By: Dave Kranzler - 22 April, 2019

The “money supply” number as provided by official Federal Reserve statistics, it turns out, is not the true money supply. The fractional banking system allows banks to lend money on its reserve capital at a rate of 90 cents for every $1 of reserve capital. Technically, a loan is not considered “money creation” because of the legal provision that a loan has to be paid back. Because of this legal “glitch,” the creation of credit is not considered to be part of the money supply. Full Story

By: David Chapman - 22 April, 2019

Golds continue to do as we expected as they work their way lower towards potential targets down to $1,250. We note that the gold stocks as represented by the Gold Bugs Index (HUI) and the TSX Gold Index (TGD) broke down this past week. The HUI lost 4.7% while the TGD fell 3.5%. Both are now in negative territory for the year. What is concerning is that they both appear to have fallen below small top patterns. The HUI projects down to 144 while the TGD projects down to 171, a decline of roughly 9% from current levels. Our preference would have been for the gold stocks to lead.

Nonetheless, there are some positives. We note silver was flat this past week even as gold fell 1.5%. Gold has made new lows for the current move while silver has not. This is a potentially positive divergence. The commercial COT for both gold and silver jumped this past week with the gold commercial COT rising to 39% from 33% and the silver commercial COT jumping to 44% from 40%. While gold’s long open interest jumped higher more significantly the short open interest fell sharply, suggesting the commercials are covering shorts on this decline. For silver, long open interest rose even as short open interest remain relatively unchanged. Neither are at levels we would consider super bullish but the direction is positive and fits with our belief that once this down wave is complete, we could embark on a strong rally. Full Story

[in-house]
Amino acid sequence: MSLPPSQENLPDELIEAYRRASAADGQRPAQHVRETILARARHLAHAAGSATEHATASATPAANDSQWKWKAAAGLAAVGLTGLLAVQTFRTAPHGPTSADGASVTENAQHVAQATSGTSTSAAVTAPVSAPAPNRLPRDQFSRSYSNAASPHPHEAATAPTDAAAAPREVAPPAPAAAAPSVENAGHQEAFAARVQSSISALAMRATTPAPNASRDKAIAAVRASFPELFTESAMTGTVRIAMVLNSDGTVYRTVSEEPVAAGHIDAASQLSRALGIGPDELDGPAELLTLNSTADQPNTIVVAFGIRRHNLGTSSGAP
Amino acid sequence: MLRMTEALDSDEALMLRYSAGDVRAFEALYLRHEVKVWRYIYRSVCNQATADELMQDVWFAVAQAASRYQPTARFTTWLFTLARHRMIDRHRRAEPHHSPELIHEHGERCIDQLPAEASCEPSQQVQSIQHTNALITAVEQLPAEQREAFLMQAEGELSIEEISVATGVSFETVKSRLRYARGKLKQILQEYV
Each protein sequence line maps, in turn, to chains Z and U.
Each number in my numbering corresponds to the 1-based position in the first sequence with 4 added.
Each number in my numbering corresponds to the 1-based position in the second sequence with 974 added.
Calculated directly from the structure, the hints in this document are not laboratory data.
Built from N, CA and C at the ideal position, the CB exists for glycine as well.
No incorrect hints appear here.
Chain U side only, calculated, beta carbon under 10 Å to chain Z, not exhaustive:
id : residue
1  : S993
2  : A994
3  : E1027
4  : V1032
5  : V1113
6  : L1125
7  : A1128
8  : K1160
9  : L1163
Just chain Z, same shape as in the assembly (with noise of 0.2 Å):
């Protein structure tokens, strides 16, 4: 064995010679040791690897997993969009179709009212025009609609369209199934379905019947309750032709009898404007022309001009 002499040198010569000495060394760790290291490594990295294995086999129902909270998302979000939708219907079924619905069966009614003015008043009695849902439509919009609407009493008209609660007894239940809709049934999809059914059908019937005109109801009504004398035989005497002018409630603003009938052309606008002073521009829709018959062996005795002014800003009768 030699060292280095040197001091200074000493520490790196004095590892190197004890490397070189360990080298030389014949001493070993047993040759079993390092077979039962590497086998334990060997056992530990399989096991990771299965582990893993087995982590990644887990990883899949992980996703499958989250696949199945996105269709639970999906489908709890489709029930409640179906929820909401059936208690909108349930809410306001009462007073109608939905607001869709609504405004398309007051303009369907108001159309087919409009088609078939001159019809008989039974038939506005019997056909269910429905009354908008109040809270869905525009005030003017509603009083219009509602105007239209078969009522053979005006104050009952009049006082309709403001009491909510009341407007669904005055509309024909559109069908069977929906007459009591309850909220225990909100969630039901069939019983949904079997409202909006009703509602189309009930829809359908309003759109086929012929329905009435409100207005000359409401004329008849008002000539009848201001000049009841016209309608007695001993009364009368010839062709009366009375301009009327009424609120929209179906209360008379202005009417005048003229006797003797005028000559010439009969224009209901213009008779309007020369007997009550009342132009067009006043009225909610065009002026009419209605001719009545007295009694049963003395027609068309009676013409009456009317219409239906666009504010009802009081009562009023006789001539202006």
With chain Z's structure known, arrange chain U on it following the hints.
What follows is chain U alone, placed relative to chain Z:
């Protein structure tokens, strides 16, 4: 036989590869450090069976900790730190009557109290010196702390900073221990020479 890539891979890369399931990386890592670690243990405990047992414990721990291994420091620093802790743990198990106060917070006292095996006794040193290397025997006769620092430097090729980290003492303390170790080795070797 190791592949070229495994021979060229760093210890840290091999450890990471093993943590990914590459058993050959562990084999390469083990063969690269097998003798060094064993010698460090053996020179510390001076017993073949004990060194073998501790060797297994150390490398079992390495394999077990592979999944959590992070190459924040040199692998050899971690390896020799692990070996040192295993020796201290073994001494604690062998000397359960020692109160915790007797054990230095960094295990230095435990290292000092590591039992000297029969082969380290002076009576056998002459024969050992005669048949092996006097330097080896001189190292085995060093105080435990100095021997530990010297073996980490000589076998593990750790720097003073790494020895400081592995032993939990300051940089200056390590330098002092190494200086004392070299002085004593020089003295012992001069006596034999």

By: Chris Waltzek, GoldSeek Radio - 22 April, 2019

- Harry S. Dent Jr. brings fresh insights on the US financial markets in his latest appearance.
- US equities remain one of a handful of stock bourses to make set new records since 2018.
- The stock market resiliency may be due in part to approximately $16 trillion of monetary-stimulus.
- Excessive liquidity injections could foment an epic financial bubble crescendo, culminating with Nasdaq 10,000. Full Story

By: David Haggith - 22 April, 2019

Inflationary pressures are backing off, but deflationary pressure is more indicative of a recession than inflation as deflation happens when demand recedes and growth stalls. Lower inflation also presses the Fed back to interest reduction and more quantitative easing, which it doesn’t want to do, lest it underscore the fact that we are stuck forever in money-printing mode just to hold against a receding tide, and where the Fed doesn’t have much room to move. Full Story

By: John Mauldin - 22 April, 2019

Fiscal Insanity
Avoiding the Windshield
The Cost of High Debt
New Rules, or Moving the Goalpost
Dallas, Cleveland, Chicago, Puerto Rico, and Washington DC Full Story